Two injuries require an immediate trip to a pediatric dentist. If a tooth is knocked out, rinse it under warm water, gently push it back in the socket and hold it there or place it in a cup of milk or cool water. Remember to bring the tooth with you! Don’t scrub the tooth or remove attached tissue. For a broken tooth, gently clean the injured area with warm water. Place cold compresses on the face to decrease swelling.
To get the most out of your child’s dental visits, don’t be shy. Tell the dental assistant or dentist how your child is feeling. Describe the medications he or she takes and include drug allergies. If you don’t understand the dentist’s explanations, ask questions. If treatment is required, make sure you know why and what it involves. Ask if there are other options, how they differ in cost and which the dentist thinks will best fix the problem.
If the whole family enjoys healthy snacks, children will want them, too. A healthy snack is low in sugar and high in nutrients – just what young teeth and mouths need. Keep low-fat string cheese and yogurt, milk and cut fruit and veggies on hand. Let children choose healthy options at the store and mix-and-match them with hummus, low-fat dips or whole-grain crackers. Limit the number of snack times and save “fun foods” for special occasions.
By age 2, daily flossing is preferred. It removes food and plaque from between the teeth. Plaque is the sticky yellow substance that forms on teeth after eating things like bread, raisins, cookies and cake and drinking milk or soda. Bacteria grows on the plaque and forms an acid that leads to tooth decay. It can get past the gums, damage the bone and destroy the root.
To floss your child’s teeth, wrap the floss around your fingers and glide it between the teeth in a C-shaped motion. Be gentle! Forcing the floss between teeth can make the gums bleed, which can scare children into thinking that flossing hurts (it shouldn’t). To prevent bacteria from spreading in the mouth, use a new section of floss each time you move between two teeth.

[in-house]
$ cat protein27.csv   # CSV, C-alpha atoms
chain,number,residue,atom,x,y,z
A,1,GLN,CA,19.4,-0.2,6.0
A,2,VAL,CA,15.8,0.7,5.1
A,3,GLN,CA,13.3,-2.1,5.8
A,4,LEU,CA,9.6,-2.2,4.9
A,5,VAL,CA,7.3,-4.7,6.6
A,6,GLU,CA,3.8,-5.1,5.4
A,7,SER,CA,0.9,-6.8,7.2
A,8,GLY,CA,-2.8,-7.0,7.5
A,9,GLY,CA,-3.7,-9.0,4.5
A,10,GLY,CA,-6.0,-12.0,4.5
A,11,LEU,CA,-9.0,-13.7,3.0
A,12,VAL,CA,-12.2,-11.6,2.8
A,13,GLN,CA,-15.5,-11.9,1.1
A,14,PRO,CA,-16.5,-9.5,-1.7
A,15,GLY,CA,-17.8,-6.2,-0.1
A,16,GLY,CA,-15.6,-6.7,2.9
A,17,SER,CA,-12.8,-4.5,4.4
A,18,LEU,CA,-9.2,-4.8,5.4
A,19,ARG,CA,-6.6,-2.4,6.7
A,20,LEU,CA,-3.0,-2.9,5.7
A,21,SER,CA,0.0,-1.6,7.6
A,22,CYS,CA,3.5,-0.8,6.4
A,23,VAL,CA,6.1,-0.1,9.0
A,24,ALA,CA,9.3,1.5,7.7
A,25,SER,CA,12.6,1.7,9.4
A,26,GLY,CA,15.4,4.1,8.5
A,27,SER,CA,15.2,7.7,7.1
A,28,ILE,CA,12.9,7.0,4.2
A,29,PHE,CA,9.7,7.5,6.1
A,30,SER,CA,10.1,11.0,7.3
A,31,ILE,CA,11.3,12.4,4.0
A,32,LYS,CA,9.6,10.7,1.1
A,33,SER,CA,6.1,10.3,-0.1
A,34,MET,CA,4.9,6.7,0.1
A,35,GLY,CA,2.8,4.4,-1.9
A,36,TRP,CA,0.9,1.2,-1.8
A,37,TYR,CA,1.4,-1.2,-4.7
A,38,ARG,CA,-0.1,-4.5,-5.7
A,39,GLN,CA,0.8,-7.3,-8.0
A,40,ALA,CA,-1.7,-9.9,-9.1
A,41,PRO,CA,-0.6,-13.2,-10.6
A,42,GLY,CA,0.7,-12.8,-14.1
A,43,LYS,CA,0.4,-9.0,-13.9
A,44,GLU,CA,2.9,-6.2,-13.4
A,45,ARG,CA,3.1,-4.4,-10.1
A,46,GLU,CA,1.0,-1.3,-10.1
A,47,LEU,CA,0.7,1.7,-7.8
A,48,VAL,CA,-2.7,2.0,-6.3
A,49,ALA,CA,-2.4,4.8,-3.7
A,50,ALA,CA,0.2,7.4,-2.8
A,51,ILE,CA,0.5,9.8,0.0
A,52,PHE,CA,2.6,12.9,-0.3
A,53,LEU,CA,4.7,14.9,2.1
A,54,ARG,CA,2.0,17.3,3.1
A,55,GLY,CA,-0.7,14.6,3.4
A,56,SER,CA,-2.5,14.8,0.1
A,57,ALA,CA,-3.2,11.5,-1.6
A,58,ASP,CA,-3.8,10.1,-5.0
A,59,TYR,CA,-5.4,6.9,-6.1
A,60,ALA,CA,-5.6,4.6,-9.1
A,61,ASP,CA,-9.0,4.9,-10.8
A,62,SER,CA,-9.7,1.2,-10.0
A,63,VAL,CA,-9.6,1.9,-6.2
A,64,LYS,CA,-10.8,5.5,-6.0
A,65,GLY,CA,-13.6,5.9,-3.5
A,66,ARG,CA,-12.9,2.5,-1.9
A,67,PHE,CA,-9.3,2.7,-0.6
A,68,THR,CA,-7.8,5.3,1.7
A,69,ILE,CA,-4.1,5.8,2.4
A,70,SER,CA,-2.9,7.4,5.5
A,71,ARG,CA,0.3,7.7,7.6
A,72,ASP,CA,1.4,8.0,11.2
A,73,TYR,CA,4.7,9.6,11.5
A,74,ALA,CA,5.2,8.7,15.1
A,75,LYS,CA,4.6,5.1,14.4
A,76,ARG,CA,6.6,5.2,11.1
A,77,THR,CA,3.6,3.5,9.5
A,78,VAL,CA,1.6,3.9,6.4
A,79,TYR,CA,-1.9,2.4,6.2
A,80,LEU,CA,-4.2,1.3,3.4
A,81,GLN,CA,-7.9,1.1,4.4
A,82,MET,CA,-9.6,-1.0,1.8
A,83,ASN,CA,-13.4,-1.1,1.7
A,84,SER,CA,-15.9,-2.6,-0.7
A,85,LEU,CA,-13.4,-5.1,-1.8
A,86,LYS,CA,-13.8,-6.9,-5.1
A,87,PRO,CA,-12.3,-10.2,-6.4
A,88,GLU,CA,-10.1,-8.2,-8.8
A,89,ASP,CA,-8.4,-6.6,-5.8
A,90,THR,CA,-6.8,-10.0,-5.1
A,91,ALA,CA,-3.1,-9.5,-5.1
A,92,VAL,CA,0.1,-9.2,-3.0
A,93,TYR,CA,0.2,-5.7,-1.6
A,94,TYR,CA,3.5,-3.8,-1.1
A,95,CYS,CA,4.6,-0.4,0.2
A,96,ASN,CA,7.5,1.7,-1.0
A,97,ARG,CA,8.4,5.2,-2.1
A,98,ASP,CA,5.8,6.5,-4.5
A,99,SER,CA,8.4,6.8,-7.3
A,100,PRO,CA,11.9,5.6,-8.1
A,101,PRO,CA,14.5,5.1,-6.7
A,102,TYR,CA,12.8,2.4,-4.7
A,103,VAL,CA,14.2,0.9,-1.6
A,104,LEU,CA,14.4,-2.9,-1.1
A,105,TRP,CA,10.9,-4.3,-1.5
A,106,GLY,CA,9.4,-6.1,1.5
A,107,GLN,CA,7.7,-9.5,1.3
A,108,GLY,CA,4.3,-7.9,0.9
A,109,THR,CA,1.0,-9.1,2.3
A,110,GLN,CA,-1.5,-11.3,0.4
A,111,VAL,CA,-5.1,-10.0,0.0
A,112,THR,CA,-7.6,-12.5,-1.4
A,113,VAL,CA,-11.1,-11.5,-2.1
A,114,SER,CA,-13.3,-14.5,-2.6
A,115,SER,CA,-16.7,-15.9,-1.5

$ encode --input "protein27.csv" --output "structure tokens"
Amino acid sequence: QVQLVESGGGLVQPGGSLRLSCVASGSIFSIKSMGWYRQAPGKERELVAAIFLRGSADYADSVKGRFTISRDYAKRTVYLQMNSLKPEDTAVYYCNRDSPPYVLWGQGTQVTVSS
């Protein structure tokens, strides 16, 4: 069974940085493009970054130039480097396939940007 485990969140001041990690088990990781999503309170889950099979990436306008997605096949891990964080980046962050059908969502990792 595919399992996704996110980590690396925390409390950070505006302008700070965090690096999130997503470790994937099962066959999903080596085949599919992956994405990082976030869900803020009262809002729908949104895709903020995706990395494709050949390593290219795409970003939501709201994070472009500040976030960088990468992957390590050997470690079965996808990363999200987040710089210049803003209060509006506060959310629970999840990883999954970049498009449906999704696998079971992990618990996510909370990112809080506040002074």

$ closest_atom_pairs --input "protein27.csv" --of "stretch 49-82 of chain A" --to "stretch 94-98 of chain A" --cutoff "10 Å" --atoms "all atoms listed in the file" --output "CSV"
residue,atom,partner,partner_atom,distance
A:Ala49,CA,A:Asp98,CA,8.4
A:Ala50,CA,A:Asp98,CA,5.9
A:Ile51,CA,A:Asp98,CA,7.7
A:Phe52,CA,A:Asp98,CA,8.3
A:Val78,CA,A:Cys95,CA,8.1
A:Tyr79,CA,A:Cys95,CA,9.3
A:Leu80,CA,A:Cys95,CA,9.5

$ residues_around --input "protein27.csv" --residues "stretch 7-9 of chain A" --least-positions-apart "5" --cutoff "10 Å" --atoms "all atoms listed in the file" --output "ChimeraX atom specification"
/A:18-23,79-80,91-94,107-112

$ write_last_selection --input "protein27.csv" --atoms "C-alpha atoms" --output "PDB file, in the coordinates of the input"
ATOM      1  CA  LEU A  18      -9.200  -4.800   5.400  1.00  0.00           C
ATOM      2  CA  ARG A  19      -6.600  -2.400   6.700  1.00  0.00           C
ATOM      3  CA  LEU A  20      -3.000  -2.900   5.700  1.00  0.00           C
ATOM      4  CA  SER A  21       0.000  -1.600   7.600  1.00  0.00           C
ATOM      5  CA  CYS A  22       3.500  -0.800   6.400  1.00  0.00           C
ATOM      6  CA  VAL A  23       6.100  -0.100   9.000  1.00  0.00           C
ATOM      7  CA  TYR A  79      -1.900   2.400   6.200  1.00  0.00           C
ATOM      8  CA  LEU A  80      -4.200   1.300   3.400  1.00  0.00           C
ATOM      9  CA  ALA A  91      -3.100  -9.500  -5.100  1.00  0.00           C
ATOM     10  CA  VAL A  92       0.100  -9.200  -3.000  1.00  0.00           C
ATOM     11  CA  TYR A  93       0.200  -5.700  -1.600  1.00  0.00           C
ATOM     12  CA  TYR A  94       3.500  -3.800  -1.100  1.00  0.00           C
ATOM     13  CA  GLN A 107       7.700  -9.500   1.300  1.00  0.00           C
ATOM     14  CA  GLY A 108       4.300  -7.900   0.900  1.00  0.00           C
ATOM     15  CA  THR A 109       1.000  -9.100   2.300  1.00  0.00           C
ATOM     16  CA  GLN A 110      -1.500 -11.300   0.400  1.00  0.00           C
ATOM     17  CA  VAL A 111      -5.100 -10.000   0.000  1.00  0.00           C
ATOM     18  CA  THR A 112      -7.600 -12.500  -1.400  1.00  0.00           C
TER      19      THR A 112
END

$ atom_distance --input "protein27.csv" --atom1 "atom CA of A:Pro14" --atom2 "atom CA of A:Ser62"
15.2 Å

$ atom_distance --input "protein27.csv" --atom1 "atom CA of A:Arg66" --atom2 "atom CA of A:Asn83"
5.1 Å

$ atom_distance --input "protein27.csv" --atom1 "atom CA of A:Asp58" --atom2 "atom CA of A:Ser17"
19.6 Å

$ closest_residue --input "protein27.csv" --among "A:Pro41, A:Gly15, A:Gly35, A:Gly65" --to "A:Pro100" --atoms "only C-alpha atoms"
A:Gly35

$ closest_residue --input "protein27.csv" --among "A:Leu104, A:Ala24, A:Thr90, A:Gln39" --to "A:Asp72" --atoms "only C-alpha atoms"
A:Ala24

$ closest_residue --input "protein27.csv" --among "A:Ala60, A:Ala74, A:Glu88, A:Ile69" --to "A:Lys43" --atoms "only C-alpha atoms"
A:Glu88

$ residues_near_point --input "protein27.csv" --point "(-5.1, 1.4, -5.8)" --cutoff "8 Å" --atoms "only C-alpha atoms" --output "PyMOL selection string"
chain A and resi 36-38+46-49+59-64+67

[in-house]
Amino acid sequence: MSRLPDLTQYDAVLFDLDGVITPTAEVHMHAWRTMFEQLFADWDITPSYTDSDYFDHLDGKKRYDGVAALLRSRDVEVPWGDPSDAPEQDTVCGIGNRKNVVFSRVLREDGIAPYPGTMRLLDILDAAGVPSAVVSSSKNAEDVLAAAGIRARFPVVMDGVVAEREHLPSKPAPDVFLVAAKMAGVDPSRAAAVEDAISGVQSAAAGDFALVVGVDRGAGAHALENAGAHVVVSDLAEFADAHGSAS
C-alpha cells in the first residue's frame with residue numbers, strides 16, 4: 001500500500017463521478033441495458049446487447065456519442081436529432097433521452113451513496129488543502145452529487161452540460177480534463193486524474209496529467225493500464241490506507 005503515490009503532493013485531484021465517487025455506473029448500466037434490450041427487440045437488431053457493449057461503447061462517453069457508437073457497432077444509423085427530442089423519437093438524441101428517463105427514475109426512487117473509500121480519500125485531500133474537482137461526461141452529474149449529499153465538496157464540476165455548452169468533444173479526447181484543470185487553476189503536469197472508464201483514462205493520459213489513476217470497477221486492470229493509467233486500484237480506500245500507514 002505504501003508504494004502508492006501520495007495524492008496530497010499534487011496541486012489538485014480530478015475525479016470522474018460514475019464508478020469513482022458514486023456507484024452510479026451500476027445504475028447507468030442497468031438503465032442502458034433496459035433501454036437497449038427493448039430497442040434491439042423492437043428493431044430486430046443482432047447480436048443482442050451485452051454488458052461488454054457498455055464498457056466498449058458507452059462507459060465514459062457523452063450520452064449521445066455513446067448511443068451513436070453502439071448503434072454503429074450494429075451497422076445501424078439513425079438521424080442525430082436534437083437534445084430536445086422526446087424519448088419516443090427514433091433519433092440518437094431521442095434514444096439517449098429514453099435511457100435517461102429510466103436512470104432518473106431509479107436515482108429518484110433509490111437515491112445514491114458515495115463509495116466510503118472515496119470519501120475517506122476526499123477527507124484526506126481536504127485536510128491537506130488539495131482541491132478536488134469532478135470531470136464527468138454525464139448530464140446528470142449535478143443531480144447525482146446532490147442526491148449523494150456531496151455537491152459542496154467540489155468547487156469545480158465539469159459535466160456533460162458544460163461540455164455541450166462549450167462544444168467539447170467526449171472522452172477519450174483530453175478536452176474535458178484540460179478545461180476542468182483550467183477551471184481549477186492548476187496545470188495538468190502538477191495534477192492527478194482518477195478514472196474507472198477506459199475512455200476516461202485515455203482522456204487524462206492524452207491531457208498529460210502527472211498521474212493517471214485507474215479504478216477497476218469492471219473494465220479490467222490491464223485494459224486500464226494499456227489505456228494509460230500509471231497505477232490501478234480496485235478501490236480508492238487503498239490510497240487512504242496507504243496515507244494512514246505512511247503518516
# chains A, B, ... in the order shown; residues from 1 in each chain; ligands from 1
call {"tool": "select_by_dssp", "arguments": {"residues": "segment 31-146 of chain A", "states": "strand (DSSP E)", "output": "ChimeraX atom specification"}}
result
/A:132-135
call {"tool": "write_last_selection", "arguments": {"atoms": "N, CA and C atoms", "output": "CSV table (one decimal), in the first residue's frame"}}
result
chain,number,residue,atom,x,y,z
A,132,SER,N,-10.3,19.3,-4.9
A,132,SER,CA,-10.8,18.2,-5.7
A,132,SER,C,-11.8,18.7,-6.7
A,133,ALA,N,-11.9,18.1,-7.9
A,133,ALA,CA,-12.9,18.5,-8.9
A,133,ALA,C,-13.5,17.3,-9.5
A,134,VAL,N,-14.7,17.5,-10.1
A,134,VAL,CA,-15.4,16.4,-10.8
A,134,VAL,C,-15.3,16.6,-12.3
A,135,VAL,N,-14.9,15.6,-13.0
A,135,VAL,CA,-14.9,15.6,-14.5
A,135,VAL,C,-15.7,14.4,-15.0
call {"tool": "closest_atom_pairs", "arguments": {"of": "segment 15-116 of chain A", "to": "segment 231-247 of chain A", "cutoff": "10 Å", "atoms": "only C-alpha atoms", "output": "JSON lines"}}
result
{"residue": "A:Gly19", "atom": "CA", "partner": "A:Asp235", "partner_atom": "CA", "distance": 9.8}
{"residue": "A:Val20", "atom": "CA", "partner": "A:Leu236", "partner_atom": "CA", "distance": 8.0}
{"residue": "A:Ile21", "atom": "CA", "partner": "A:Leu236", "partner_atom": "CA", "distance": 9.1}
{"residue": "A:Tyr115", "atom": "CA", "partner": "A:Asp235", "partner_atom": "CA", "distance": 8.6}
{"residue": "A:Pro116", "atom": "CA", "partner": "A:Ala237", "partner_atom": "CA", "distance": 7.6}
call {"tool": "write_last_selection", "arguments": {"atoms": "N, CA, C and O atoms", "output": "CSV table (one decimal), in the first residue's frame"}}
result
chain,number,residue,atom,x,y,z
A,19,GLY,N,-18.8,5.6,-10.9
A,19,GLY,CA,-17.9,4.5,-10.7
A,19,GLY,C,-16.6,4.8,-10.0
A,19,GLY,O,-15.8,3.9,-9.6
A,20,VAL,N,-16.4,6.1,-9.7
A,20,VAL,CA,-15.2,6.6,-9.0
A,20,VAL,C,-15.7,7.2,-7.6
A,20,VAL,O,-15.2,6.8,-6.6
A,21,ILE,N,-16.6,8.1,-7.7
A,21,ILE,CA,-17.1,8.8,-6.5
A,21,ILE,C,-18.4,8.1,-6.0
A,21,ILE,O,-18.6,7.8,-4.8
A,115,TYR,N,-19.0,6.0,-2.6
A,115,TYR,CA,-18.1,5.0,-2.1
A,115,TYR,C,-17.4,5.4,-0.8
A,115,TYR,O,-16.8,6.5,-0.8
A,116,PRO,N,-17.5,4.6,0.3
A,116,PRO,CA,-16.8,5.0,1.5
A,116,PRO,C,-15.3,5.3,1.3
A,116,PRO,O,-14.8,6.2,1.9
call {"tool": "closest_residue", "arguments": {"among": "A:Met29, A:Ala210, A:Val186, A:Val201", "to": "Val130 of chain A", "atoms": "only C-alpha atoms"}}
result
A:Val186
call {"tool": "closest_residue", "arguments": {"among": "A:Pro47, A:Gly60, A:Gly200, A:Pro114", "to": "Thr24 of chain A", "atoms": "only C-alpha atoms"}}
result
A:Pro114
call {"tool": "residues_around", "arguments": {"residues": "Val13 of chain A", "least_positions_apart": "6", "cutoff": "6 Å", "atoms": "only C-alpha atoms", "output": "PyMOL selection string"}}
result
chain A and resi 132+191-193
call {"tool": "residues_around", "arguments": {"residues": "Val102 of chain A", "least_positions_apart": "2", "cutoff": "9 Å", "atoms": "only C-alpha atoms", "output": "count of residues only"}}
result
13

Most children outgrow thumb sucking by age 5. If it continues when permanent teeth start coming in, dental or speech problems may occur. Children can develop teeth that stick out or don’t close properly or a lisp. Older children often get teased for thumb sucking, which makes them secretive and ashamed. Stress, anxiety or other emotional issues should be addressed first. Ask your pediatric dentist for advice. Breaking this habit requires patience, love and encouragement from parents and caregivers.
Sippy cups and bottles
Children and parents love sippy cups and bottles because they are familiar and because there are no spills! We recommend that children are weaned from the sippy cup and bottle by age 1. If your child uses either after that age, be sure that it doesn’t contain juice, soda or other sweet liquids. A cup or bottle filled with sugary beverages encourages their use and greatly increases the risk for cavities.
Source: The Pediatric Dentistry